We also like working with individual writers. There is a rapport that develops between editor and writer and we enjoy ongoing conversations with the writers who submit, some of whom appear repeatedly in our issues. At the outset of this project back in January 2012, we set the challenge for them to produce a story a month, and some of them are doing just that. It’s great to see the diversity and the development as we all continue with the project.

And our style choices rule! Sian gets to be as nit-picky as she likes about hyphens and Michelle gets to share her love of colons and semi-colons.

SQF: I read a comment by one editor who said she keeps a blacklist of authors who respond to a rejection in a less than professional manner. I'm sure you know what I mean. What do you want authors to know about the stories you reject and how authors should respond? Along this same idea, do you mind if authors reply with polite questions about the comments they receive?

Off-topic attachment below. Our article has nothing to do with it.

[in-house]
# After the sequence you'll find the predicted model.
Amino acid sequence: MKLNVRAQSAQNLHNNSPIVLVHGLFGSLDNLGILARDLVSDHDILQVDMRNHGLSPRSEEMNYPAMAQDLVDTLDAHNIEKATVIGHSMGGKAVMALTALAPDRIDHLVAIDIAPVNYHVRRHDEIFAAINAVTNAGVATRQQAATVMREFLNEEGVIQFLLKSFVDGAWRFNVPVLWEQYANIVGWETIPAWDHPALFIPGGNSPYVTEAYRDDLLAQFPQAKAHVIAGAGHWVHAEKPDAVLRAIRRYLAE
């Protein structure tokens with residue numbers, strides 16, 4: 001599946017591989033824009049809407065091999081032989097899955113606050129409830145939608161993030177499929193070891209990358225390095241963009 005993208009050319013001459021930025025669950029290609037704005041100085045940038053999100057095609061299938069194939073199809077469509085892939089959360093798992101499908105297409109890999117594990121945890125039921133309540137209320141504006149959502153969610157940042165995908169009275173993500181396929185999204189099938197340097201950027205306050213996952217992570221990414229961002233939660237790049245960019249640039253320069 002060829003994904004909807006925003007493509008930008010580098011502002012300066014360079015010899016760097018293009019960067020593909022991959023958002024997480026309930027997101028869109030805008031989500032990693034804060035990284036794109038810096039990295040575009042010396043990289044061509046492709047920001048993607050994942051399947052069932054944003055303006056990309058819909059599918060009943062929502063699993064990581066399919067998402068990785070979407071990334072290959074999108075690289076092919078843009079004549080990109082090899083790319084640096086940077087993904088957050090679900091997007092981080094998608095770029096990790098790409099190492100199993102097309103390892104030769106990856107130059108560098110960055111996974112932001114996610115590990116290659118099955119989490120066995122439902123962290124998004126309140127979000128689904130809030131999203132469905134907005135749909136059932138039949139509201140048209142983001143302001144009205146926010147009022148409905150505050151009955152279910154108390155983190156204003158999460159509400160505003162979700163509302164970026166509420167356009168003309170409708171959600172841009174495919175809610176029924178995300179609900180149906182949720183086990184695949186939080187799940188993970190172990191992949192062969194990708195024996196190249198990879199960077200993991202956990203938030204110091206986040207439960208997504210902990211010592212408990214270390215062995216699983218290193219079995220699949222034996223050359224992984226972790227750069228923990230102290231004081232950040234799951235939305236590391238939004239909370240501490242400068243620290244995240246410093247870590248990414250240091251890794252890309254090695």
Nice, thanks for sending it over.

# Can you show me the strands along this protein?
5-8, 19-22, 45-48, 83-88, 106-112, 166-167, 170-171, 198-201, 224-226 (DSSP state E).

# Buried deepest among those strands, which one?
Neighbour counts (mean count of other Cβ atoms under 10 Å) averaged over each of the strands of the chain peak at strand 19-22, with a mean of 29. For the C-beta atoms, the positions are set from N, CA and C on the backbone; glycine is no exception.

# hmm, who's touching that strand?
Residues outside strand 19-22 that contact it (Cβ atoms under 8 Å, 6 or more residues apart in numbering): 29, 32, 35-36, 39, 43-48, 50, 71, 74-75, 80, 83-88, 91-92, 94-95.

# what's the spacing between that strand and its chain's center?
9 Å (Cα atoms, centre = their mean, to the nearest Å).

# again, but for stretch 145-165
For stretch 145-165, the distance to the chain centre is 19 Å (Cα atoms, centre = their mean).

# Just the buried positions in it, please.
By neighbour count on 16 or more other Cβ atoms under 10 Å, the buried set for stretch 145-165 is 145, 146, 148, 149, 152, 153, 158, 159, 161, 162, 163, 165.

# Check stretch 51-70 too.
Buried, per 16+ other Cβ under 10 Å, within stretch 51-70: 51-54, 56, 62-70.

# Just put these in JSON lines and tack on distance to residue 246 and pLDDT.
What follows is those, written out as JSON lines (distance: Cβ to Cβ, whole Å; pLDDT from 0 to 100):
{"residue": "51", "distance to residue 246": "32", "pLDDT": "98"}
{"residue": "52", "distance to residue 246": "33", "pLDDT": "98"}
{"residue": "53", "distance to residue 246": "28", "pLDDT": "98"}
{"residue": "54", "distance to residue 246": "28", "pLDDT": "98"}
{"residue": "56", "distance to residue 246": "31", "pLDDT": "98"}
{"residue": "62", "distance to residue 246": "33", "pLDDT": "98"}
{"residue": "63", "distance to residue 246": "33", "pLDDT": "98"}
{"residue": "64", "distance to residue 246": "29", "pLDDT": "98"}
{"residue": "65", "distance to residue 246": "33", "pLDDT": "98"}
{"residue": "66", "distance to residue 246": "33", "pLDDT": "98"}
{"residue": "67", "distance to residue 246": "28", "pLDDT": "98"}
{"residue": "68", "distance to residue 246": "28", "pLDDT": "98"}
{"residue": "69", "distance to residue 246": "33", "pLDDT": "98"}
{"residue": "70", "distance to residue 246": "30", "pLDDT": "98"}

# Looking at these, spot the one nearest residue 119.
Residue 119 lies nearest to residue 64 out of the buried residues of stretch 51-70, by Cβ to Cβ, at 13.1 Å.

FF: We read every submission carefully, no matter the quality. And we respond individually, always. We also recognise that this might be a new exercise for some – the condensing and consolidating required in flash fiction. So we try to communicate reasons why a story is rejected. Often it’s because we have to limit the number of stories we publish and we only choose the very best in the lot we receive each month.  In that case, we encourage a writer to submit again the following month. If we see merit in the writing, we let the writer know. If we see places a story might be improved, we indicate that sometimes too – we like to give writers who submit something to think about when we send the rejection letter. Sometimes it’s just a poorly written story, however, in which case it’s best not to get too specific.